- Visitors in your office. You are knee-deep in emails when your co-worker walks in the door. Stop typing; remove your hands from the keyboard and turn to face your guest. For the next few minutes, give them your full attention. Perhaps you’ll find that you reach resolution quicker or you generate more interesting ideas together or, maybe, the person feels heard. That last one is indeed a precious gift.
- The others. This last one is my personal favorite. As you go about your day, notice all the small interactions you have with the other people like Tim, the person taking your order at Panera; Joyce, the checker at the grocery store; or Juanita, the bank teller (all people I encountered today). Maybe for you it’s Julio who makes your coffee or Susie at the dry cleaners. Whoever it is, for each of them, pause, make eye contact, hold eye contact, smile and engage in momentary conversation. The exchange may not last a minute and yet it matters. These are people accustomed to being overlooked. When you instead give attention to them, notice how they brighten–and all it cost you was a moment of attention.
And for me, I would like to thank you for reading. Through reading, you give me the gift of your attention. For that, I am most grateful. I hope you go and share the gift of your attention with others.
It was a beautiful Texas afternoon and I decided to take a short walk along the street where my mother lives. Walking, I passed a short, old woman slowly ambling along out for her afternoon walk and carrying her cane. We smiled and acknowledged each other as our paths crossed. As I returned, there she was again still carrying her cane. This time she paused and remarking on her walk, “I’m like the little engine. I think I can. I think I can.” She continued on her way with a smile.
It made me think about all the tasks on my to-do list that make me cringe; the ones that require attention and focus but aren’t so fun. It takes a lot of energy to get to these sometimes. Here are three steps that work for me. Hopefully, they’ll also work for you.
Set aside the time. Schedule the time on your calendar and don’t let anything else encroach on it. Maybe it’s an hour or two or a half to full day. Identify a time and block it off. Keep your resolve and don’t schedule anything else that could take up even a sliver of that time block. If you are like me, when that appointed time comes, you straighten the desk and get your resources together. Do all that before the time block so that you are ready to hit the ground running (as my mother would say) and take full advantage of your day.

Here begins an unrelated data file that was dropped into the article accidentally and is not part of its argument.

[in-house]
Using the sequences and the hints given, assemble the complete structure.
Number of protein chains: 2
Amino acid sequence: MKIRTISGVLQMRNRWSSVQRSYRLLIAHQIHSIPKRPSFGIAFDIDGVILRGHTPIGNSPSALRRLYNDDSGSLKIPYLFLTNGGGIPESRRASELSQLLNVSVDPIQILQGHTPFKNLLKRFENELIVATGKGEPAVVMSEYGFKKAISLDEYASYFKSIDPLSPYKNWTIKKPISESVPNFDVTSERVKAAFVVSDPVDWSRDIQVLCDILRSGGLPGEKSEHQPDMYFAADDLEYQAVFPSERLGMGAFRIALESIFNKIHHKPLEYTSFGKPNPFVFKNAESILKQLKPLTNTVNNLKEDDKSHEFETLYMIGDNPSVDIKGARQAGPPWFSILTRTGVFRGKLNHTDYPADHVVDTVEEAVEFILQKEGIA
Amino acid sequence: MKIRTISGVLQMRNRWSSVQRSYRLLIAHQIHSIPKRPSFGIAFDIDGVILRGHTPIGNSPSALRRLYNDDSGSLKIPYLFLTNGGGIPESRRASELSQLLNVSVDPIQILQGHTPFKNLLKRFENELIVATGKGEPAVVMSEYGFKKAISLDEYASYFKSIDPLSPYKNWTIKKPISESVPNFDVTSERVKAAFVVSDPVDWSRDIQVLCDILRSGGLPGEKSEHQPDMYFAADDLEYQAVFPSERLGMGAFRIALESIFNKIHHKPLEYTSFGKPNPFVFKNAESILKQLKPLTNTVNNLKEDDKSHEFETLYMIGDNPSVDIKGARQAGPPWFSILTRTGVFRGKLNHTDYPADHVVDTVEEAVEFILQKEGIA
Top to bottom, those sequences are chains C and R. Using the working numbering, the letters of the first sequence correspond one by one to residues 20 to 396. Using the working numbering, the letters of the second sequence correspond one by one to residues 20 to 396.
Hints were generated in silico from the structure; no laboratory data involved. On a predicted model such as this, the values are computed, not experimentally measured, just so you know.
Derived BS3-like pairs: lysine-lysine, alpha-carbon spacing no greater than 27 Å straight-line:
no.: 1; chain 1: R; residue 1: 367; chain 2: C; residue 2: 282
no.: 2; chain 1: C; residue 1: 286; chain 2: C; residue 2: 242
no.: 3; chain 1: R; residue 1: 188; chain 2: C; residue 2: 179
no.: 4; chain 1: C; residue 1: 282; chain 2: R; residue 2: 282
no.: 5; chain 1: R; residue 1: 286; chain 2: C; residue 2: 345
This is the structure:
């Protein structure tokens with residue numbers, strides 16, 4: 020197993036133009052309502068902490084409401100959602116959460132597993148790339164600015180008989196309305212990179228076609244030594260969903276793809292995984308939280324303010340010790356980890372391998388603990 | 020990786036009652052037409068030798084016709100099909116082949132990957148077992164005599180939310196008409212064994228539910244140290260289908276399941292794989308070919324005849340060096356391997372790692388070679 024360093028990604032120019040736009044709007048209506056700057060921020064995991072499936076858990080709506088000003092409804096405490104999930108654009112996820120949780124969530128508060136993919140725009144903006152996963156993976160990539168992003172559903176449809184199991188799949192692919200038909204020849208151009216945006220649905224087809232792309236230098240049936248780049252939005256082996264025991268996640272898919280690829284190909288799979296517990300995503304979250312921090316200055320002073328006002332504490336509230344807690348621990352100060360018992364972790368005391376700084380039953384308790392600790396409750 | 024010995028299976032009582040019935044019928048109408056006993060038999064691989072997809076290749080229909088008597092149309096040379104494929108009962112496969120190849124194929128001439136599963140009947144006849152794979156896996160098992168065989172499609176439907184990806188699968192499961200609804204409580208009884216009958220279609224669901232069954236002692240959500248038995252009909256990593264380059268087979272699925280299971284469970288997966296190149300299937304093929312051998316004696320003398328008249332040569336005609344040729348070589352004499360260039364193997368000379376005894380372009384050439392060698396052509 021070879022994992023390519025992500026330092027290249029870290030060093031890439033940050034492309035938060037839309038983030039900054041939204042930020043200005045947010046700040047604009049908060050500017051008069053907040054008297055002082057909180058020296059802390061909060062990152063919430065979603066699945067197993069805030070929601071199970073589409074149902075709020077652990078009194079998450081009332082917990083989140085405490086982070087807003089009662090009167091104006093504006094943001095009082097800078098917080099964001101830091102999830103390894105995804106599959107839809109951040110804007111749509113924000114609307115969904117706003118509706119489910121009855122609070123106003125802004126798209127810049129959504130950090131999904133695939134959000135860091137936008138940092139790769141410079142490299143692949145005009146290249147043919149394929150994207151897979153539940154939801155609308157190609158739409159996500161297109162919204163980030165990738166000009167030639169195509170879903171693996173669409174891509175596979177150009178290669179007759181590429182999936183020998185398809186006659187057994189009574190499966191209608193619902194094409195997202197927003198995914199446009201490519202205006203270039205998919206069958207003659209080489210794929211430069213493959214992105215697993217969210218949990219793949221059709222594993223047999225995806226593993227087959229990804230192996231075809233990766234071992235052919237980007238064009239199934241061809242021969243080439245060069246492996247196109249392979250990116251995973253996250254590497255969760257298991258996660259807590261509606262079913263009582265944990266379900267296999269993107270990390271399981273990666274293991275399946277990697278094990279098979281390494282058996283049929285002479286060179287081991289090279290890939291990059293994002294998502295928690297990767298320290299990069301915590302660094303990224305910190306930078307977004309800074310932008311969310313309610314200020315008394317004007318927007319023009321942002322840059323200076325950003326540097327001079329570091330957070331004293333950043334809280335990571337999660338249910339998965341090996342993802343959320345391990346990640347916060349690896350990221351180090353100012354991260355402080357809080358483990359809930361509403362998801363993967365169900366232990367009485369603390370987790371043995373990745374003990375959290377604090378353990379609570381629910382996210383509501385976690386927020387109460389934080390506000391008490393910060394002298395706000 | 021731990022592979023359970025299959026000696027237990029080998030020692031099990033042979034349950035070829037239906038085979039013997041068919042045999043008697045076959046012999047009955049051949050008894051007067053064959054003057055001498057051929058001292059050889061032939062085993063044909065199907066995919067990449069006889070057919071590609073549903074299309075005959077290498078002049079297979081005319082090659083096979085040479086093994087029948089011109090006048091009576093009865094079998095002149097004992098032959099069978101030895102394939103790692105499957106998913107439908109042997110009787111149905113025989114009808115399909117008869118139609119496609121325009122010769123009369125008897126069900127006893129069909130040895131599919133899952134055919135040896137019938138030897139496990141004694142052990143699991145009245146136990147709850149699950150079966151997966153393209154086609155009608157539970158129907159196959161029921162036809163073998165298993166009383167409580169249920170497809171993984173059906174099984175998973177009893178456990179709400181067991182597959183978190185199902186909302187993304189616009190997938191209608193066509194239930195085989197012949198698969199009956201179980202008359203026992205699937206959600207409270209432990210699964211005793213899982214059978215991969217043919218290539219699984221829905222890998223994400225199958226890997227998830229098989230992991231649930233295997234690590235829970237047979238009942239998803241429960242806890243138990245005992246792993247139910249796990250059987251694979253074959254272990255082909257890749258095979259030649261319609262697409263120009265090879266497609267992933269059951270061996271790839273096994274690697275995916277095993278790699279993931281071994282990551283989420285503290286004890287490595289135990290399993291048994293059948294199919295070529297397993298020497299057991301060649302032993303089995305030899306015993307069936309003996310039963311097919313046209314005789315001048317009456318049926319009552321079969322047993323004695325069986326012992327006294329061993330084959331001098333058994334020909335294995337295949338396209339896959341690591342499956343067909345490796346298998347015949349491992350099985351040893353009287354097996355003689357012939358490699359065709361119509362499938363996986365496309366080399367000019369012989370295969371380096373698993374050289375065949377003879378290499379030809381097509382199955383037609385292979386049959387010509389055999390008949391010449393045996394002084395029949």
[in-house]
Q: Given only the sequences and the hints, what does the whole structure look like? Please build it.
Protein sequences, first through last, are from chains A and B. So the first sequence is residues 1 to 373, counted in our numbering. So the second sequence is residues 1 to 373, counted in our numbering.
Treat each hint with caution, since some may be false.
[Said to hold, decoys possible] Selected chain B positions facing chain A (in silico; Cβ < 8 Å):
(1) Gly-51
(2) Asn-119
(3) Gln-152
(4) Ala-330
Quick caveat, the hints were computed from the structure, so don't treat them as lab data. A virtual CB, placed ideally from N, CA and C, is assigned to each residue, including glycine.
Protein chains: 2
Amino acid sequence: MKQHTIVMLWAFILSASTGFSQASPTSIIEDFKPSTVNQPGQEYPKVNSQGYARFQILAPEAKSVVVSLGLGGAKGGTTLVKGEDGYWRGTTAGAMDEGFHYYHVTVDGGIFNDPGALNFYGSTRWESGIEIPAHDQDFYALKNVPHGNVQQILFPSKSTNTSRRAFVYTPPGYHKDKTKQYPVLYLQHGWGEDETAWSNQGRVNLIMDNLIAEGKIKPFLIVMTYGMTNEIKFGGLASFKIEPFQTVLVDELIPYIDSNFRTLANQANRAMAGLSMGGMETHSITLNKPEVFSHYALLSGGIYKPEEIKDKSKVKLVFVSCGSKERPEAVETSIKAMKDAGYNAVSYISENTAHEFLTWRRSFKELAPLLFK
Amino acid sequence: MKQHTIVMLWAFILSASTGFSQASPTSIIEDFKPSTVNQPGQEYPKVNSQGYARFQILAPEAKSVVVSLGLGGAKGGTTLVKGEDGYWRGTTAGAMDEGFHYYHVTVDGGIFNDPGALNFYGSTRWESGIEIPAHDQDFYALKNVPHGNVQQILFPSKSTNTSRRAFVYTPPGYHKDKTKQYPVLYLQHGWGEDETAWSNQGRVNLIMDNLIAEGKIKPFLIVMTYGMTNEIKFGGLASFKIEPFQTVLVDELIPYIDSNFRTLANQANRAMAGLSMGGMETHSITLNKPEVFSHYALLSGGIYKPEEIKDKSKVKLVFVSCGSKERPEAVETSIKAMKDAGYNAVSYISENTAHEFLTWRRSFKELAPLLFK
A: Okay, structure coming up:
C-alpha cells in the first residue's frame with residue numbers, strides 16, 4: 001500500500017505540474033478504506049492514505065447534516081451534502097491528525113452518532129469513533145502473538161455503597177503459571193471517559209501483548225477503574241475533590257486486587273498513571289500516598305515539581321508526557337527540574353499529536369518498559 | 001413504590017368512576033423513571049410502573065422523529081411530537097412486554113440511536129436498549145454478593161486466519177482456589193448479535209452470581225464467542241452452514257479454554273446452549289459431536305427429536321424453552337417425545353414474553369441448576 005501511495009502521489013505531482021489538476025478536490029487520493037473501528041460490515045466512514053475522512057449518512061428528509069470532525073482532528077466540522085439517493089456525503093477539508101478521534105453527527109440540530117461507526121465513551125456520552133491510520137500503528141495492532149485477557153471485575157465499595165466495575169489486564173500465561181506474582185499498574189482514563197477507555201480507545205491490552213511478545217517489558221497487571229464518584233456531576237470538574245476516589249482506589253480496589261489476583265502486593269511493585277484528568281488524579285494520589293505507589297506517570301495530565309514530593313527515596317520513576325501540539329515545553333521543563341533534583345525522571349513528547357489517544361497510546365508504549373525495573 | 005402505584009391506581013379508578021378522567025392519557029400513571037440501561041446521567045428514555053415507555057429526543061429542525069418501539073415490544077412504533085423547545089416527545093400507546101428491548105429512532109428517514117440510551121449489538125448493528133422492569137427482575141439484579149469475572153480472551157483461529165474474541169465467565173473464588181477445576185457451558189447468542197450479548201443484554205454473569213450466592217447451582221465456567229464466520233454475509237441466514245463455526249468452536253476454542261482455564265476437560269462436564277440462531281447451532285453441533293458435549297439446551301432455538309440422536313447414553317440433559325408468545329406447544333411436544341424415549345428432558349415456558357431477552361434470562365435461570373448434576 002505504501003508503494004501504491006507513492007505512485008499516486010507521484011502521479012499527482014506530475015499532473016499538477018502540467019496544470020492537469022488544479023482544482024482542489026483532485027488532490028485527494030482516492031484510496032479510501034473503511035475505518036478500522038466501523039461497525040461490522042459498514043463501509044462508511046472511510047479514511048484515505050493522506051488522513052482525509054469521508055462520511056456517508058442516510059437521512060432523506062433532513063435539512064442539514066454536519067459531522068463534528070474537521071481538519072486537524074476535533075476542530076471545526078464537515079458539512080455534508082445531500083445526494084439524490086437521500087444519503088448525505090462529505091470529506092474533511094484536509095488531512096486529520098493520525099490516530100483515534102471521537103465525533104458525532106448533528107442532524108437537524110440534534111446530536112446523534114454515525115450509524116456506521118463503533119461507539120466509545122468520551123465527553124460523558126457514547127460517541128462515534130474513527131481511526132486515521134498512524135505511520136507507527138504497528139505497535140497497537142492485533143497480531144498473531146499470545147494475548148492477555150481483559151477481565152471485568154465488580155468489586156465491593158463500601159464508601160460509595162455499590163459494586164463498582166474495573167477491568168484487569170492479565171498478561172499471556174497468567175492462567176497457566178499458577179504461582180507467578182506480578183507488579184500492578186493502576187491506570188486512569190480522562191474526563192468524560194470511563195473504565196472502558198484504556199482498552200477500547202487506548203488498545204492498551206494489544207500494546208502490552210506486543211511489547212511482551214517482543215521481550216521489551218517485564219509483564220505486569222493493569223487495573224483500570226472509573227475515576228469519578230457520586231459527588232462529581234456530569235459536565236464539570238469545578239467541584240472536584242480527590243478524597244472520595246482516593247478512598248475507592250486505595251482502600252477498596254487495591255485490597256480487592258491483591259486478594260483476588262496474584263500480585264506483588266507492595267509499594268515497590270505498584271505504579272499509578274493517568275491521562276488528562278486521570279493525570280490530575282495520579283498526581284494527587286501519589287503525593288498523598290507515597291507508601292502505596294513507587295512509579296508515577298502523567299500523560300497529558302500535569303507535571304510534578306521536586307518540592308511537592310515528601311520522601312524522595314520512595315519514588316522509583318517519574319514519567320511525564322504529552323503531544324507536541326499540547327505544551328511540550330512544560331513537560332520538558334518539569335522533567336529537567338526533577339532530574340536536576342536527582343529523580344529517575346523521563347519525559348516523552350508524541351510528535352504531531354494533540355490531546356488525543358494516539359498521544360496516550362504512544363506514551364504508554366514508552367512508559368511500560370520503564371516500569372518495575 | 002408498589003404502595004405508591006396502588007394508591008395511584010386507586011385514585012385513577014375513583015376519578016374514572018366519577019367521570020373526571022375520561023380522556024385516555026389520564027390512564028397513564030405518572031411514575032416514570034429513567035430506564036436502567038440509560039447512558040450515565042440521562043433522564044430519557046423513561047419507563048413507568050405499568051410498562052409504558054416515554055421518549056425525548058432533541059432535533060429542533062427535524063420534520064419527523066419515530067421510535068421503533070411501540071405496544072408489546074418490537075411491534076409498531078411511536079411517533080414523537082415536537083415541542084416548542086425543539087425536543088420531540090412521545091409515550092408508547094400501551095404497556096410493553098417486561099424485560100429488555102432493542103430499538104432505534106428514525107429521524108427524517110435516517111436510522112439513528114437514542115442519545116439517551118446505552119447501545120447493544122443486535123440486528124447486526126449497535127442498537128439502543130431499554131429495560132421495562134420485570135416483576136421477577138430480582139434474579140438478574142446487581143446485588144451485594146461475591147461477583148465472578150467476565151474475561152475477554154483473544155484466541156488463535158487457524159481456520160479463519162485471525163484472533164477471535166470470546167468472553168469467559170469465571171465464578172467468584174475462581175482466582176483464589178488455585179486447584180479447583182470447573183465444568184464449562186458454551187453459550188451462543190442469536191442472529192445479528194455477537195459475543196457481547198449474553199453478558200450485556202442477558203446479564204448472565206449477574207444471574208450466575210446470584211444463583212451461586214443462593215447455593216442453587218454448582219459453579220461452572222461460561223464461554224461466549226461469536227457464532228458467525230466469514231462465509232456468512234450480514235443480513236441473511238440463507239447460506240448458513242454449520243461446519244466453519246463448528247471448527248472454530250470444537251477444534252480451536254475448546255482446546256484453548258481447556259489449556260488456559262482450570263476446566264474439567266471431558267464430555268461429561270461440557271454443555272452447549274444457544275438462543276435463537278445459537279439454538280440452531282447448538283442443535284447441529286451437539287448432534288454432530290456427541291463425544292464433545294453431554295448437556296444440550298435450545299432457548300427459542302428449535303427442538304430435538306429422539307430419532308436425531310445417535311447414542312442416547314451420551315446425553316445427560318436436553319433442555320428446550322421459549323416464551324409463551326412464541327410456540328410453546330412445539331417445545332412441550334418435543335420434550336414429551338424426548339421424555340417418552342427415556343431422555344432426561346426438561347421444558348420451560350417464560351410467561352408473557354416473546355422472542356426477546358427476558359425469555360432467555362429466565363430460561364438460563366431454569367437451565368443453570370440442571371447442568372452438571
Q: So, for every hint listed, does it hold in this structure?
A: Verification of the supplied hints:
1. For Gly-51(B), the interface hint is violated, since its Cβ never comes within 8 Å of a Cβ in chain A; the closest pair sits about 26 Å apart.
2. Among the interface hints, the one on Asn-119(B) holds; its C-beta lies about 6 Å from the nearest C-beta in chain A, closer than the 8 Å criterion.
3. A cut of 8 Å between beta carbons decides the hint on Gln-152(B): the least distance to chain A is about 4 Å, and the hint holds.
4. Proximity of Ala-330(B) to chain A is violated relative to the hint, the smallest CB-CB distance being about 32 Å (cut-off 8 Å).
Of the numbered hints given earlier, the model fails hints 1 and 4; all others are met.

Keep it distraction free. Just before (not during) the time block, turn off the ringer on the phone, set it out of reach and disable email, text message or social media popups. Tell work colleagues that you will be out of pocket for this time period. Ask them to respect your time and to wait on any interruptions until after you finish – unless it’s an emergency. The idea is to give yourself uninterrupted time. Each interruption drains your mental energy and it takes precious time to get back to where your thought process was prior to the interruption.
Engage in positive thinking. Now, feed yourself positive thoughts like:
- I can get this done;
- I’m going to finish this task and get it off my list;
- I’m perfectly capable of accomplishing this.
The brain responds well to positive input and you will set yourself up for a productive work period. Start the positive thinking the day before the scheduled time so that your brain is revved up and in gear when the appropriate time comes.
Find your version of “I think I can” whatever it is for you. Think of the little engine that could and just get it done!
Photo credit: Isantilli/ 123RF Stock Photo